Anyone applying for a credit card, a loan, or a tenancy on a property these days, will most likely be asked by the lender, the agent or a landlord to have at least a basic credit check carried out before the application is accepted.
The idea is to verify that the individual applicant is a trustworthy person who is likely to pay bills or rent on time.
In addition to the basic credit check, most tenant applicants are asked to provide references: usually one from their previous landlord or letting agent and one from their current employer. The landlord or agent can carry out the referencing for themselves, or they can do a Comprehensive Check with TenantVERIFY which includes referencing.
The previous landlord will be asked to verify if the tenant left the property in a good state, paid their rent on time and would the landlord rent to them again? The employer will be asked if there are any future plans for a change in employment status and to verify the stated time in employment, position and earnings.
The credit report file (or credit history file) on an individual begins on the day he or she first opens a bank or building society account. It records every loan and credit card she applied for, every late payment made, every loan she is still paying off, and every credit check carried out on her.
Most of the information on an individual's credit history report, therefore, comes from the companies that have been dealt with on credit, such as banks, credit card and finance companies.
But, the file also contains publicly available information such as the applicant's address, how long in residence, and any county court judgments (CCJs) or bankruptcies.
Individuals have every right to check their credit files. If it is believed that information obtained for a credit check is incorrect, individuals may file a statement explaining why.
There is no obligation on the landlord who carries out a check to divulge the details obtained, in fact they will be advised not to do so by the credit reference agency, but they should be willing to give the main reason for rejection - e.g., a low credit score.
Inaccurate information can be removed from an individual's credit file, so whether you are a tenant or a landlord it's well worth checking your own file from time to time, but nobody can have accurate information removed from a record.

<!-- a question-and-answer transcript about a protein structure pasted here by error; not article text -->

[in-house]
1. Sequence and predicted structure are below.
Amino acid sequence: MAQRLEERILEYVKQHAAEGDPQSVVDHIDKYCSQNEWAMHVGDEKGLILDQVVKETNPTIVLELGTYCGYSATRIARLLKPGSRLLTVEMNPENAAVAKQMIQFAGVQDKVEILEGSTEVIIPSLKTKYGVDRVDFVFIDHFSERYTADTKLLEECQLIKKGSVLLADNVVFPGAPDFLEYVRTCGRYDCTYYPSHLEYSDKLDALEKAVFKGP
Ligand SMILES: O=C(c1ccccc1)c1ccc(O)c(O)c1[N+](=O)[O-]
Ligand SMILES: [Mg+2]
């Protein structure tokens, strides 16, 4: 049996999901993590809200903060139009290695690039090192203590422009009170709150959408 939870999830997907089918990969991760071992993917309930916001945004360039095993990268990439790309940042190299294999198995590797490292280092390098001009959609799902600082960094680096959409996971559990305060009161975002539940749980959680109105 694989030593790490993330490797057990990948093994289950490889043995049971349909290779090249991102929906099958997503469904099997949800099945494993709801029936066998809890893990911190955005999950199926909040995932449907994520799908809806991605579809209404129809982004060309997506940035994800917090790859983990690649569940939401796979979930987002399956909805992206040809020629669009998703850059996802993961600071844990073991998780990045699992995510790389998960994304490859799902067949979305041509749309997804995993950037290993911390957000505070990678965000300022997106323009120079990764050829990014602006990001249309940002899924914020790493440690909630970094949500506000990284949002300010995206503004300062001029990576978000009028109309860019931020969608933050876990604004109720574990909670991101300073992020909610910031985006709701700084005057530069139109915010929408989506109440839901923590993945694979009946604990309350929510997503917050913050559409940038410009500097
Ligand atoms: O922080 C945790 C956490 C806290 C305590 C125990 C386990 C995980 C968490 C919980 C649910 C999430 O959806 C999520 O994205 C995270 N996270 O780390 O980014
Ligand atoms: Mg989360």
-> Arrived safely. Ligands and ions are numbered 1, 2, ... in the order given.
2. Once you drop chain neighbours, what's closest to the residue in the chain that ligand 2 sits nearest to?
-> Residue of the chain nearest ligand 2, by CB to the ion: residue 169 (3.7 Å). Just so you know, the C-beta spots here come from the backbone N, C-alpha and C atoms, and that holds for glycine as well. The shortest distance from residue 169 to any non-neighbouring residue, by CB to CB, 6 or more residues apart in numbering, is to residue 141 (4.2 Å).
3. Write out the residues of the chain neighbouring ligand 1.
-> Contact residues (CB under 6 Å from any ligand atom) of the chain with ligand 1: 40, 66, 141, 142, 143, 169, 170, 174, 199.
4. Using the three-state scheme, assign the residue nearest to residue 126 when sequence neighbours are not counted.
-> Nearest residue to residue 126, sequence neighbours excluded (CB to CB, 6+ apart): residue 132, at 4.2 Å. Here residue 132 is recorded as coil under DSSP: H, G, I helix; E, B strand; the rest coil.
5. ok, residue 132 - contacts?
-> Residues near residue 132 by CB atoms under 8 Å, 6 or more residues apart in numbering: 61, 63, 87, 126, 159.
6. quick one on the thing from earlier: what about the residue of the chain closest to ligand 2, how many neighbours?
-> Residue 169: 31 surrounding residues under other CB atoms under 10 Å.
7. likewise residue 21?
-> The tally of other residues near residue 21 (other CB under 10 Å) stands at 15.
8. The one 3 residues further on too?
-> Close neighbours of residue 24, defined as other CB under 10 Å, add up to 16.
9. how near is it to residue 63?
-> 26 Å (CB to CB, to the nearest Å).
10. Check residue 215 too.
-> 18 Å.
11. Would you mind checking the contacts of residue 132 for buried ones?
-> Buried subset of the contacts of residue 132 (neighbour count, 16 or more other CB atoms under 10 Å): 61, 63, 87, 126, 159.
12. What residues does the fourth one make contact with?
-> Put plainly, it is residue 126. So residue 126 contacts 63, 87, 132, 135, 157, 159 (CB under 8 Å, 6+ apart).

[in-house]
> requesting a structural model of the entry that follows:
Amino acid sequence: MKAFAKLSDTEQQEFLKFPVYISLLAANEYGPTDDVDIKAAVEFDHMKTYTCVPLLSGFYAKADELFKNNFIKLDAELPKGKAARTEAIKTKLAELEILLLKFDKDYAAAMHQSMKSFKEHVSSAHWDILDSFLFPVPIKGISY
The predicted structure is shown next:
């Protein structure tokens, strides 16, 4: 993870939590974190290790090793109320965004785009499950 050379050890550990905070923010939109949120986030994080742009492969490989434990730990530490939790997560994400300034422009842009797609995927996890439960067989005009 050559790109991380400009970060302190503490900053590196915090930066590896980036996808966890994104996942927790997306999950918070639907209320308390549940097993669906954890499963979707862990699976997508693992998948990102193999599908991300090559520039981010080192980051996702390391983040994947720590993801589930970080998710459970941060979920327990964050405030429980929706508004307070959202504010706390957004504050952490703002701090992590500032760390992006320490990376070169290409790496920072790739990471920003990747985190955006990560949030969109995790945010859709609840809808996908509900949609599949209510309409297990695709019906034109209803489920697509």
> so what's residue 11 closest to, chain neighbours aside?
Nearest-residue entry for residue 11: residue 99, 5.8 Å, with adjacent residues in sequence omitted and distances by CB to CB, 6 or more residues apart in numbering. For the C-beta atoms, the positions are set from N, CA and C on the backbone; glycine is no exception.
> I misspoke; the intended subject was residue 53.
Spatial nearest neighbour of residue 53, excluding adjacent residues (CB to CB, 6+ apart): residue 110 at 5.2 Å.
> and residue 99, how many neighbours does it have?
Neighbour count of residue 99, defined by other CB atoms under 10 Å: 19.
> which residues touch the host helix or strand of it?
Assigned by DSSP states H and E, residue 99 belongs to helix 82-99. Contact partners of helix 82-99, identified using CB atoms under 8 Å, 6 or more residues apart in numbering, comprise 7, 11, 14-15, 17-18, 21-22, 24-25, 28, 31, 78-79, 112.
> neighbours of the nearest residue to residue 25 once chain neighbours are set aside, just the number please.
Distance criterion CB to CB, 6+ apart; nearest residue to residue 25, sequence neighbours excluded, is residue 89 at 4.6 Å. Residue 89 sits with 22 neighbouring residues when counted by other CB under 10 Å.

In this part of the credit check process. The applicant completes an in depth application form which also seeks permission to carry out the checks. The form asks for personal history details about such things as employment status, address, current bank accounts and credit cards, current income, previous landlords etc.
The credit reference agency will give the landlord or his agent a score based on the answers and the details on the applicant's credit report file. The information obtained is referenced to a pre-determined points system, giving marks for each answer. If the score is above the minimum limit set by the system, then the applicant qualifies for the loan or the tenancy.
Of the three main credit reference agencies, all use slightly different scoring systems and all will use their own rating credit rating criteria to arrive at a particular score, however, most systems are based on a range of scores from around 300 (bad) to 900 (good) These represent the extremes.
Our scores range from:
Accept - Good Score - 631 - 750
Caution - Accept with qualifications - 551 - 630
Decline - Score indicates a high risk - 500 - 550
FICO is the acronym for Fair Isaac Corporation, a publicly-traded corporation in the U.S which developed a method of credit scoring now widely used and recognised among the main credit reporting agencies (Equifax, Experian etc) as a FICO score.
There's no guarantee, but the answer is sometimes yes!
Unfortunately, due to the statistically increased risk lenders will often ask for a higher rates of interest on the loan.
In the case of a tenancy, the landlord or his agent may request a guarantor - someone (usually an employed householder) to guarantee to pay the rent and other obligations under the tenancy if the applicant fails to pay. In the case of a guarantor, they must also be willing to undergo a credit check and referencing and sign a guarantor agreement.
If as an individual you have had credit problems you should always be totally open and honest about it, otherwise untruths in your statements will definitely go against you.
See a full article on this topic "So, What's the Score?
never rely totally on these standard
answers. Before taking action or not, always
seek professional advice with the full facts
of the case and all documents to hand.
© Copyright TenantVERIFY® 2015 - all rights reserved.